Alexander Ostrovsky Analysis

Other Literary Forms

(Critical Edition of Dramatic Literature)

Alexander Ostrovsky’s only nondramatic writings are the semifictional “Zapiski zamoskvoretskogo zhitelya” (notes of a beyond-the-river resident) and occasional critical articles for various literary journals.


(Critical Edition of Dramatic Literature)

Alexander Ostrovsky was the founder of the modern Russian theater. Though his predecessors Alexander Pushkin and Nikolai Gogol wrote several memorable plays, their primary genres were poetry and prose, respectively, and they did not contribute significantly to the development of drama. Ostrovsky devoted his entire creative life not only to writing plays but also to producing them. In addition, he took a leading part in bringing variety to the stage by breaking the monopoly of the Imperial theaters. His prolific output of forty-seven original plays, supplemented by collaborative efforts and translations, gave Russia its first solid repertoire. In choice of subject matter, he also broke new ground. His plays for the first time presented the rising Russian merchant class to the audience. This social contingent, barely one generation away from humbler country origin, had not been deemed worthy of artistic portrayal previously, and its highly visible presence in many of Ostrovsky’s plays aroused immediate interest and controversy. The playwright further used his work to emphasize the unjust and utterly dependent position of young women without a dowry, the regressive marriage practices of the time, and the abuses perpetrated by Russia’s growing merchant class. For illuminating this “realm of darkness,” as the prominent critic Nikolay Dobrolyubov called it, and because of his many confrontations with czarist censors, Ostrovsky was considered an important social...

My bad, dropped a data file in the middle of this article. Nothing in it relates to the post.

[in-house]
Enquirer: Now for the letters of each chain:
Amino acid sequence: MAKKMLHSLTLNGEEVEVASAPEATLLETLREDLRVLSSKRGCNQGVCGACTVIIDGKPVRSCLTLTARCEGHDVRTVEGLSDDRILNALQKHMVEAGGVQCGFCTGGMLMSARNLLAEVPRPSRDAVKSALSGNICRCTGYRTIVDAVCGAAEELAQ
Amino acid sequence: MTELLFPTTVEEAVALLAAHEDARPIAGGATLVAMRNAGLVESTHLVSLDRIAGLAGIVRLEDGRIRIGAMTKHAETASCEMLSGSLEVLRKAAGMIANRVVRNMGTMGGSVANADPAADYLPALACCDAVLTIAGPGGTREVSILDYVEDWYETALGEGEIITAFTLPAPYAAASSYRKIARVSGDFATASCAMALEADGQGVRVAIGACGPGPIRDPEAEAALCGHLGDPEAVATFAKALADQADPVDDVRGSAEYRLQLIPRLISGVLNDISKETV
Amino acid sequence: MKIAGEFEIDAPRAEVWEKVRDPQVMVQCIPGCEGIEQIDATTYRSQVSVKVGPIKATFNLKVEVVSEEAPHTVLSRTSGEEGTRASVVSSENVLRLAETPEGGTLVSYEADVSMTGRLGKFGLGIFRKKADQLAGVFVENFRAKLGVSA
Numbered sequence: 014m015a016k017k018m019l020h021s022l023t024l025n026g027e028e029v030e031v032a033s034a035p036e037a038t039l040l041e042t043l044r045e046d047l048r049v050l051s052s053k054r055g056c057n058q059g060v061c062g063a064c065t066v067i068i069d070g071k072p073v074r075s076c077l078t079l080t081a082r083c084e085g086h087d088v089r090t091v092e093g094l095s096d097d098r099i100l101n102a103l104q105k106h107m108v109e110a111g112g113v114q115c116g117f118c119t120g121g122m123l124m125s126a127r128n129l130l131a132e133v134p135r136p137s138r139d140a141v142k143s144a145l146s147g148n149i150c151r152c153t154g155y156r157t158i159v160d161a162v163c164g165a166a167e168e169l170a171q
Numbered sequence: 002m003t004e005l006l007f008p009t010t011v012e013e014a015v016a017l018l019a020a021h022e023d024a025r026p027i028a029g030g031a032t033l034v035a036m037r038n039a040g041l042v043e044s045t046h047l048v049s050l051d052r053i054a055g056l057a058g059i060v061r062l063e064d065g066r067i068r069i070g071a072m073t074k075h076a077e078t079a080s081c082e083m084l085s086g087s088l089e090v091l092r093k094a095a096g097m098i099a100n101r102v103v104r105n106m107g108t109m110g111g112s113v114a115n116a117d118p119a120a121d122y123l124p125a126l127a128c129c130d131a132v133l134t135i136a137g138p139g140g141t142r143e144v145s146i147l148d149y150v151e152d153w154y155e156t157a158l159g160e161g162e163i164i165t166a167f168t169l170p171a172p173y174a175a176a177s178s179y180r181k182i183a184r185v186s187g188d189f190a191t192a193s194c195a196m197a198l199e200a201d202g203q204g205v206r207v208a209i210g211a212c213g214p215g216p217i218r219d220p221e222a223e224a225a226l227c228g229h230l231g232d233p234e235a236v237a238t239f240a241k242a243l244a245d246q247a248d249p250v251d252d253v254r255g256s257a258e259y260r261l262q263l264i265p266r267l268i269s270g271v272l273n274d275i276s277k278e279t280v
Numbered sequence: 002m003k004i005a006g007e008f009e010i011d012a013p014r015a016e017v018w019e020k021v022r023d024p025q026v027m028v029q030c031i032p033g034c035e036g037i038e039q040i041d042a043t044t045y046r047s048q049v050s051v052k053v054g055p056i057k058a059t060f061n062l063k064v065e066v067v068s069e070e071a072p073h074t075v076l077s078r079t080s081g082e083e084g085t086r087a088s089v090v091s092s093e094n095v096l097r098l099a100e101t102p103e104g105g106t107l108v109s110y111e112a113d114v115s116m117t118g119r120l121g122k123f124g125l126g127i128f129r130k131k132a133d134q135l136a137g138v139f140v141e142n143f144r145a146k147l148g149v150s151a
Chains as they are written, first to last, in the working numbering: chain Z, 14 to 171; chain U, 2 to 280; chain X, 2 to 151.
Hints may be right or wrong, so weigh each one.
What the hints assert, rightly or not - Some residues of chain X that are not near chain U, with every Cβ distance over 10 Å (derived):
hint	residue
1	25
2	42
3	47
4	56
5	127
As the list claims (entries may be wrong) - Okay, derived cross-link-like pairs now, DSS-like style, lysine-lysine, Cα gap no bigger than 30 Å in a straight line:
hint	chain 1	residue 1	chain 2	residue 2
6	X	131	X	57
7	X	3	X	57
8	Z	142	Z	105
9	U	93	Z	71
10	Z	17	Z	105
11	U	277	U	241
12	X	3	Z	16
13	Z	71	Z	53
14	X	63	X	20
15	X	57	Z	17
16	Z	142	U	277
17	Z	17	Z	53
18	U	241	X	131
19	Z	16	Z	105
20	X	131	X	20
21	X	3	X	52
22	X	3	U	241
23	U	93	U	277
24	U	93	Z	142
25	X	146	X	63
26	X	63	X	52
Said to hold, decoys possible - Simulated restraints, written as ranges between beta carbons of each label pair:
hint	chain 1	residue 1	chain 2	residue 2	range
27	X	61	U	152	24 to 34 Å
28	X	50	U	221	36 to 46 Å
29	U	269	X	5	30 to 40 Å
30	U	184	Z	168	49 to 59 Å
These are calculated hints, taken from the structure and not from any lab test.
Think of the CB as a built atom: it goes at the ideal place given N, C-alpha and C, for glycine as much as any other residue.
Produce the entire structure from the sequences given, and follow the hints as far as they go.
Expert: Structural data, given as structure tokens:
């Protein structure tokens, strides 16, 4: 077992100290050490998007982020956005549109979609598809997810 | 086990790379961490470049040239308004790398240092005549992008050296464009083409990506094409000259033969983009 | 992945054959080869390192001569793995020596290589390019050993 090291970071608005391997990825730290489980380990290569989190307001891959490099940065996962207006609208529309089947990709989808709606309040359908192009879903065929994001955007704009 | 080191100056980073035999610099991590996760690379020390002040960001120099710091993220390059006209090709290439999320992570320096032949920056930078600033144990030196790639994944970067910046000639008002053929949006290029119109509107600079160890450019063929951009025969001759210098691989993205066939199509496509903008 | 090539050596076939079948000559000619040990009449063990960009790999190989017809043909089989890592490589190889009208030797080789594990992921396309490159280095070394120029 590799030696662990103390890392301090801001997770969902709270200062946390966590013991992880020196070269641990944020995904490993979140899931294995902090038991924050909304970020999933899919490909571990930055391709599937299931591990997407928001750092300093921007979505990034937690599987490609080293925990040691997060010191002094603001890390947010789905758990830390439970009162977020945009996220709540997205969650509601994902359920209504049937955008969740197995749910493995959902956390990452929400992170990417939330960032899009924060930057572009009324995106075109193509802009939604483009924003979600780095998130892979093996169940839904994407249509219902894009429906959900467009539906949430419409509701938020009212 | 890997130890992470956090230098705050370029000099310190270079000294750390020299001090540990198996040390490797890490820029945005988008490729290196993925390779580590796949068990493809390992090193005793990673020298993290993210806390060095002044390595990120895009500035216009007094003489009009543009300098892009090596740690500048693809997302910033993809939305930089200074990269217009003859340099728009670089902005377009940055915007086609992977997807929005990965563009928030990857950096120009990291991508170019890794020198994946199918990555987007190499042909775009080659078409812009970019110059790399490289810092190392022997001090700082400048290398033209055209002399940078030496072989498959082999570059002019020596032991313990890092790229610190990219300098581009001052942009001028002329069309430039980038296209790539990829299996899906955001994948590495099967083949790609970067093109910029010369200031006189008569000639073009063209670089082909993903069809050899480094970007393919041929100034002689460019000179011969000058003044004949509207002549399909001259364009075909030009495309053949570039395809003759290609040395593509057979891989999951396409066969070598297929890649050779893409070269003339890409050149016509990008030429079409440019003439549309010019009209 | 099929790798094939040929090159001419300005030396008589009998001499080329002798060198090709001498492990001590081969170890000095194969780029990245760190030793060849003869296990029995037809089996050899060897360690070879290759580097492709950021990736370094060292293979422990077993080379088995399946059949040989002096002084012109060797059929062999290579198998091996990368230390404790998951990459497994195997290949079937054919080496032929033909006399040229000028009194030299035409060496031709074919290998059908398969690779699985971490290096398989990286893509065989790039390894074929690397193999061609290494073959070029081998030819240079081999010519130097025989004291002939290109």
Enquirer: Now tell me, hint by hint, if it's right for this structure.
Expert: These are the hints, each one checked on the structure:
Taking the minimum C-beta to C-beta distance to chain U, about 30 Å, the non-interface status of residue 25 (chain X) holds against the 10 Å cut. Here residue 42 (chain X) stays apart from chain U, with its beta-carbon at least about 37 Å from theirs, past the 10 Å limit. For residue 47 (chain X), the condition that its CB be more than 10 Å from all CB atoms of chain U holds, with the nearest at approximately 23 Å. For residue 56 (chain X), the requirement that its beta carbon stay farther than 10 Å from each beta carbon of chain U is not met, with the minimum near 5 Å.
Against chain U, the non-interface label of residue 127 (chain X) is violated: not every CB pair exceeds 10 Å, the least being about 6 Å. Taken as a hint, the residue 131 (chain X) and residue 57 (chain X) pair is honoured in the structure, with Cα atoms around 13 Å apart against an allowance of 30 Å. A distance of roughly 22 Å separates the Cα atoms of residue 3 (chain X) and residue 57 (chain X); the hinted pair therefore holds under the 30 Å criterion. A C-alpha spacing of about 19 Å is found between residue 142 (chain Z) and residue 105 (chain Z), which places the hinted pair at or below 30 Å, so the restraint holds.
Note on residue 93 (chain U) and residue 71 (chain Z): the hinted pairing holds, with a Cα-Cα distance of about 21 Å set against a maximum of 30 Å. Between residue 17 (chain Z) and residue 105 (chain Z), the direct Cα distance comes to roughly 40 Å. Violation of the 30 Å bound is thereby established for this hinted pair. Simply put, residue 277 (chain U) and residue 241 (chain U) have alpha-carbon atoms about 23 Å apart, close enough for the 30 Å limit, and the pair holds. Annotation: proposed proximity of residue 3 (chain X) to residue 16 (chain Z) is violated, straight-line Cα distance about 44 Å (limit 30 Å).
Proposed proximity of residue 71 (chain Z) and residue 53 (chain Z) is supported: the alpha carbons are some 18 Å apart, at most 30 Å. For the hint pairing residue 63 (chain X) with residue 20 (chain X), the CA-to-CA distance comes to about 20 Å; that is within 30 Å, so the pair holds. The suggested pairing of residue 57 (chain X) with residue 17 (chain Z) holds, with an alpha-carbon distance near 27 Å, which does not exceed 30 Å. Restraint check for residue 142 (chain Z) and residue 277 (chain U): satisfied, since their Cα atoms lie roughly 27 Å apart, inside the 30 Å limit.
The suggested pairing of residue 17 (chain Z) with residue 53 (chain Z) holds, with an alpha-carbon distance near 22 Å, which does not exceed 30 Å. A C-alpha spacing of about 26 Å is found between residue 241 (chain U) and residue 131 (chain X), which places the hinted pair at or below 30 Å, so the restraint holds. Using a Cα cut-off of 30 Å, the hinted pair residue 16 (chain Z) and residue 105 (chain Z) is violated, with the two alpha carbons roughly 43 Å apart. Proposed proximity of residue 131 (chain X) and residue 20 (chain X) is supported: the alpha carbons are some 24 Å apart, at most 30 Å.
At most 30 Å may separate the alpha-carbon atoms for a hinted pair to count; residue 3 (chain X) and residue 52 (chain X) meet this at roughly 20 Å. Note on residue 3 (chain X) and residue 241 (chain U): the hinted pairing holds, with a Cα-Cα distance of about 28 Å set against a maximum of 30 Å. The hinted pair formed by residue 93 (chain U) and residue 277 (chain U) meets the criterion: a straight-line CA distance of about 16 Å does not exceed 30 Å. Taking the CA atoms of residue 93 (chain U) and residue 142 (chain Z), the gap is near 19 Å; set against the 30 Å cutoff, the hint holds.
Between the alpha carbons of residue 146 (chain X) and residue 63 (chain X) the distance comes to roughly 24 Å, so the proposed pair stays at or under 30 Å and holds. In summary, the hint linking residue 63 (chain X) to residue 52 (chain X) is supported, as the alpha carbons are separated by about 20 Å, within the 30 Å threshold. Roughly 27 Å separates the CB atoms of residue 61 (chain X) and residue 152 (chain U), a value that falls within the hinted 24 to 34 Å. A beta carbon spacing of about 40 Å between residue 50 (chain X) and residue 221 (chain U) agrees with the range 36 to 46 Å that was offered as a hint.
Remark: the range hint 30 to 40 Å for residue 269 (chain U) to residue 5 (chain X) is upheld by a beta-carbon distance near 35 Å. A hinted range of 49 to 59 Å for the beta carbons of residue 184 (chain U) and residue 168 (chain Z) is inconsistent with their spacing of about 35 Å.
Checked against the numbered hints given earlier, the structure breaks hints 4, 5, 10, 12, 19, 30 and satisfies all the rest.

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(Critical Edition of Dramatic Literature)

Hoover, Marjorie L. Alexander Ostrovsky. Boston: Twayne, 1981. A basic biography of Ostrovsky that covers his life and works. Bibliography and index.

Lyons, Donald. “Chekov and His Forebear.” Review of The Cherry Orchard, by Anton Chekhov, and The Forest, by Alexander Ostrovsky. Wall Street Journal, November 5, 1997, p. A20. Lyons compares and contrasts the two Russian plays, which were being performed in New York in 1997.

Rahman, Kate Sealey. Ostrovsky: Reality and Illusion. Birmingham, England: University of Birmingham, 1999. A study of Ostrovsky that focuses on his efforts at realism and his idealism. Bibliography and index.